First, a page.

The Unofficial View of Tirana (81)


The former “Obelisk of Democracy” a.k.a. “Monument with Two Fingers” in Kavajë

by Vincent W.J. van Gerven Oei

Being the son of a famed sculptor from the communist period who co-created, amongst many other works, the Independence Monument in Vlorë, and the Mother Albania statue on the National Martyrs’ Cemetery in Tiranë, one may expect Edi Rama to have picked up a keen sense about the form and function of monumental public art. He displays this sense, which he has put to his considerable political advantage, in constructing monumentality (such as painting the city), but recently also in the impeccable timing of the destruction of a monument.

On the October 27–28, 2014, the PD (Democratic Party) hosted, for the first time since their dramatic election loss on June 23, 2013, a party congress, aimed at fortifying Lulzim Basha’s leadership of the party, as well electing members to several party organs. Already tainted by stories of fraud, exclusion, and divisive politics, the PD congress saw its news coverage overshadowed by the decision of INUK (National Urban Building Inspectorate) to destroy the “Obelisk of Democracy,” a.k.a. “Monument with Two Fingers” in Kavajë, officially in the context of the “reorganization” of the central square and boulevard, as part of the ongoing city renovations in urban centers around the country.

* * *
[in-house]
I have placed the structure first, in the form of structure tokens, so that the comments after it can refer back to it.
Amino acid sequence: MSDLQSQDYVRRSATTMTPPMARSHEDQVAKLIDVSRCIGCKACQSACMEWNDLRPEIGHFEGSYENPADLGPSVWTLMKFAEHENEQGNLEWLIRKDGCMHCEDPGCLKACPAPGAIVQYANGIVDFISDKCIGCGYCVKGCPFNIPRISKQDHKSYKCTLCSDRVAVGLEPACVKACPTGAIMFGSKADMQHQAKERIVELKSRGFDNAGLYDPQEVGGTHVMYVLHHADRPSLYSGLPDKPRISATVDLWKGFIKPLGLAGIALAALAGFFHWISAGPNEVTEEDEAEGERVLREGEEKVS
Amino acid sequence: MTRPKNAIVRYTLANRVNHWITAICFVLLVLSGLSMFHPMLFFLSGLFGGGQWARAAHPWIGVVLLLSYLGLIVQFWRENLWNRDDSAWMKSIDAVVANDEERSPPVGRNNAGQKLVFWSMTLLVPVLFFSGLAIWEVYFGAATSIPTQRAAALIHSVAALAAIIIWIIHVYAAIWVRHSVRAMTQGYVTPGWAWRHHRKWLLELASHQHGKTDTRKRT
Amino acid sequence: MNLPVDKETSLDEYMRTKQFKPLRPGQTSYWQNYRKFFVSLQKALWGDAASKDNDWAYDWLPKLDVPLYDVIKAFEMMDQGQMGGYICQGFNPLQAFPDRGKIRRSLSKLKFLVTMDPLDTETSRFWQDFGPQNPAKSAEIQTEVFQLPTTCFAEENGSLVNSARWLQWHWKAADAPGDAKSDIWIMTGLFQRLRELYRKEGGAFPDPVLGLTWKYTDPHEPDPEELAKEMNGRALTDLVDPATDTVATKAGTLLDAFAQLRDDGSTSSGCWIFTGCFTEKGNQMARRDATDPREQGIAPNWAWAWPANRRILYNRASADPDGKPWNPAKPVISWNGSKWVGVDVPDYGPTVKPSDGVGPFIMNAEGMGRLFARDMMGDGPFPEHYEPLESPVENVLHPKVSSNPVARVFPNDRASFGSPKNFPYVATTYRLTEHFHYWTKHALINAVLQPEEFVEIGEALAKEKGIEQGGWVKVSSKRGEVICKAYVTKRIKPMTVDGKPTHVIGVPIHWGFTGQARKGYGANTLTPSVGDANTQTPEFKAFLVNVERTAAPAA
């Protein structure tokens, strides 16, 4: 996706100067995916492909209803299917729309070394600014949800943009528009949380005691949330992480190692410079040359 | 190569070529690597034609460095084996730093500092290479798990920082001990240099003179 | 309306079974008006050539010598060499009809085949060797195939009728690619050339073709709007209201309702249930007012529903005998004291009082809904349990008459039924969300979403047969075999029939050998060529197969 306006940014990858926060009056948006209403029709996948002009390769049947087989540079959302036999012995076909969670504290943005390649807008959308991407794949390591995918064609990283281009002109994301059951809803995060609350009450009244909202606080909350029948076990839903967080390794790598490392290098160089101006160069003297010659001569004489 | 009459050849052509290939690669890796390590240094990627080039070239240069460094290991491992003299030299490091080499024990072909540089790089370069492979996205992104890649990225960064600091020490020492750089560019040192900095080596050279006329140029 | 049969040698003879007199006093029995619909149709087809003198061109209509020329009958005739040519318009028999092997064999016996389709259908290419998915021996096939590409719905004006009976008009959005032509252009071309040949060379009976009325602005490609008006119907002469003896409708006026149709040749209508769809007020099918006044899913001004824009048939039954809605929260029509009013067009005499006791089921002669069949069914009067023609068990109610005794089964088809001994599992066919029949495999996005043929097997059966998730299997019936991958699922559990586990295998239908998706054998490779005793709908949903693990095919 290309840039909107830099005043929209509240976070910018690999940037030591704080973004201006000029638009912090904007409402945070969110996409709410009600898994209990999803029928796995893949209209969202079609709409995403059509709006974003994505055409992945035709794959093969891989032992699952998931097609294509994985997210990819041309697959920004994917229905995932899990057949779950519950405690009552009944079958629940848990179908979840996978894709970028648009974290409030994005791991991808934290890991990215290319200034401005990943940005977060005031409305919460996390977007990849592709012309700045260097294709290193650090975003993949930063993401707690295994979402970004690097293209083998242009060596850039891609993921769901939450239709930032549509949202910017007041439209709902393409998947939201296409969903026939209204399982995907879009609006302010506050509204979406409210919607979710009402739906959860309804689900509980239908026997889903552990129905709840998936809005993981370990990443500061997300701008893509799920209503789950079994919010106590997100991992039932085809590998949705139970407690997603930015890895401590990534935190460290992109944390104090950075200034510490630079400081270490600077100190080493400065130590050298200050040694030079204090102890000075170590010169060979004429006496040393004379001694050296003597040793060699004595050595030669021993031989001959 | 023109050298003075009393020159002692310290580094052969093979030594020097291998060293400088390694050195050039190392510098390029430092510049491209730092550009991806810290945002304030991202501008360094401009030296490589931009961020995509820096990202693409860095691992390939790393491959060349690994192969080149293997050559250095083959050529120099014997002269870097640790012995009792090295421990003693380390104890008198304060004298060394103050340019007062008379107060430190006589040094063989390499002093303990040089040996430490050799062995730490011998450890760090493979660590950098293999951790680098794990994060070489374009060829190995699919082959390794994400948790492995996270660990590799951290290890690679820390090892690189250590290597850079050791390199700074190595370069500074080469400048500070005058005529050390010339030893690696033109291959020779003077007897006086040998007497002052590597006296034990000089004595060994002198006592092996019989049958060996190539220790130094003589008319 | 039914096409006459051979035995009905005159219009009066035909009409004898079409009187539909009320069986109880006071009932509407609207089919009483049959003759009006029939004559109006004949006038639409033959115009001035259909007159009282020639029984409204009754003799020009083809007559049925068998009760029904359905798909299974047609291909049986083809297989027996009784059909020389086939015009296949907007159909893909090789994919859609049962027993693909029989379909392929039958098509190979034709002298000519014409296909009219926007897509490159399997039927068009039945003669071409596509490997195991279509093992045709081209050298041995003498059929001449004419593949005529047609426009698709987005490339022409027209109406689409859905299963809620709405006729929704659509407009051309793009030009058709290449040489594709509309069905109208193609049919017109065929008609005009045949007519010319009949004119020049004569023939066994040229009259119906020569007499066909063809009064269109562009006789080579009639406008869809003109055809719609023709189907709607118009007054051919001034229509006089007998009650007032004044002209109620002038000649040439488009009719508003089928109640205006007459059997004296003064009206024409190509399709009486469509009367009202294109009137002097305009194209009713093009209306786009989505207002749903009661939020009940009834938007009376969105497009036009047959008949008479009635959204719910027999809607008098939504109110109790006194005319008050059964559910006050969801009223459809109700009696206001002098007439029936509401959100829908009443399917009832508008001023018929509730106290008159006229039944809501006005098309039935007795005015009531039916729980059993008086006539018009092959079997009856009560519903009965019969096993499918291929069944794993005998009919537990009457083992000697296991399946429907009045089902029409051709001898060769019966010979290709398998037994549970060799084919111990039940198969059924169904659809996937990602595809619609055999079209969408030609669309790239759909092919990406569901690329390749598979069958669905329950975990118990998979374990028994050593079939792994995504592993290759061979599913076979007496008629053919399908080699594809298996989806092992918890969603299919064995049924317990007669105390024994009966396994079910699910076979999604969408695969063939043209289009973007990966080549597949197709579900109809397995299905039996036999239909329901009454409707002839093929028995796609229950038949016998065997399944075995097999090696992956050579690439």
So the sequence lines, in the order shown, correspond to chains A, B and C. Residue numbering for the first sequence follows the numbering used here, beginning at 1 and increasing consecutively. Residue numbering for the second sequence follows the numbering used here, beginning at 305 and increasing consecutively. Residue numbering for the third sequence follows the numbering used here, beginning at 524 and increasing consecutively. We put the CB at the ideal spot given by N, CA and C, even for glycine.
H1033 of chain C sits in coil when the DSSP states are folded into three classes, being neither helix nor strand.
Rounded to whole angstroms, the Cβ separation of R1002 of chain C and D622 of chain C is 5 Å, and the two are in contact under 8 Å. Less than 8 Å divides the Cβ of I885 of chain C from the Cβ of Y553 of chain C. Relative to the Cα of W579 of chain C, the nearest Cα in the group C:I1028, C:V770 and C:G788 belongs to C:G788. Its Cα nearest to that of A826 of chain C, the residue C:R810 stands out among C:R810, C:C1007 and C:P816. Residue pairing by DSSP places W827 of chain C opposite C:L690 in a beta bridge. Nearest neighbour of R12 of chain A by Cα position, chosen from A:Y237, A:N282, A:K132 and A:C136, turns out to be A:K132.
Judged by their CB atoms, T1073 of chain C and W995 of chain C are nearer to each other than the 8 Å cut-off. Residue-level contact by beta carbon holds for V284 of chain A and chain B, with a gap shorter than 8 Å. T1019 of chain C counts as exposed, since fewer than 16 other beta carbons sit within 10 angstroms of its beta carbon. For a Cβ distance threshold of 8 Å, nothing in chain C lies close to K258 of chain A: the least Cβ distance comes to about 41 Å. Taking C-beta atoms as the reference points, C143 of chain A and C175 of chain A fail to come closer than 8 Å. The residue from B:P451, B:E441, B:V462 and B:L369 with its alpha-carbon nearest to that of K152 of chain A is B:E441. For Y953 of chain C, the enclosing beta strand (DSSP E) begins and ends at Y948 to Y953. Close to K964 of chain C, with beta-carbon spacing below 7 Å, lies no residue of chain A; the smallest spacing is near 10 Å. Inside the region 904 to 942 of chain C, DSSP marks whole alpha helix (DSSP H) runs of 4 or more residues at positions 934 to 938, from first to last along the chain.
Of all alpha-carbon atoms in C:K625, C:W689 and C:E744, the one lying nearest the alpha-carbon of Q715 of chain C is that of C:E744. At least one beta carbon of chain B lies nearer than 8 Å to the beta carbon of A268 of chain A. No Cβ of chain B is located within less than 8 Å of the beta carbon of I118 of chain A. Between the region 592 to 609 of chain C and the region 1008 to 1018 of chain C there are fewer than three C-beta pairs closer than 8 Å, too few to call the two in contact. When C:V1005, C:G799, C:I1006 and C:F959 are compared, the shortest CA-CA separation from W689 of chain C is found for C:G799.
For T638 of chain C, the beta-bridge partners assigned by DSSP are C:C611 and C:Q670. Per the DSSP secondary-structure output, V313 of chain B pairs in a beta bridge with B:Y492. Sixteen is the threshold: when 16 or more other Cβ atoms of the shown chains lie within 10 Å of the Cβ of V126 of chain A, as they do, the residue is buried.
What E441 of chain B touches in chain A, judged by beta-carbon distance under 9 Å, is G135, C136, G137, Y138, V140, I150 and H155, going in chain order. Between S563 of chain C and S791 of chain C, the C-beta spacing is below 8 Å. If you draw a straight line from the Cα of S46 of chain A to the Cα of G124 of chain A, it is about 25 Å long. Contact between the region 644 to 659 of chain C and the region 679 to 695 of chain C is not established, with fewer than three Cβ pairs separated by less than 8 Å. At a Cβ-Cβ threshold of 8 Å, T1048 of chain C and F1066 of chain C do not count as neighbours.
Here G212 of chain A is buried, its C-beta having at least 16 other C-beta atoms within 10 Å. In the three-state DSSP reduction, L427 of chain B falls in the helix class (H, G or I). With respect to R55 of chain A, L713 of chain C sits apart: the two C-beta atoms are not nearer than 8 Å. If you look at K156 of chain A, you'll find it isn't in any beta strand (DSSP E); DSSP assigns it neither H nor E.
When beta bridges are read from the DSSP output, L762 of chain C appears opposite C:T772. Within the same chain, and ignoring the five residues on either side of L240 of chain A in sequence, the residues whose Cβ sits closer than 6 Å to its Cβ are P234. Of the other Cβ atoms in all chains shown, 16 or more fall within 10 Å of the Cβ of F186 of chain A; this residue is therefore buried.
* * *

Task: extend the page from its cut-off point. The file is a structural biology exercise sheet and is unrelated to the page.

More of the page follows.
After INUK took care of it

The “Obelisk of Democracy” was dedicated to the anticommunist protests that started in Kavajë on March 25, 1990 and was built on top of the former lapidar commemorating the National Liberation War (this was told to me during a visit to Kavajë in the context of the Albanian Lapidar Survey, I have no images of the square before the construction of the “Obelisk”). According to sculptor Musa Qarri, it was placed in 1997, although never officially inaugurated, as Albania was in de middle of a crippling financial meltdown and a semi-civil war fanned by then President Sali Berisha. Somehow, the monument managed to emerge from this violent period unscathed. Qarri claims that the monument is inspired by the V-sign for victory, freedom, and democracy, and has nothing to do with the emblematic V-sign formed by two fingers, made popular by Berisha, and now even used, albeit unconvincingly, by Basha. Even if – and I find this hard to believe – the monument intended to be politically “neutral,” it was clear to everyone that it was a monument dedicated to the Democratic Party, and most of all to its “historical” leader, Berisha.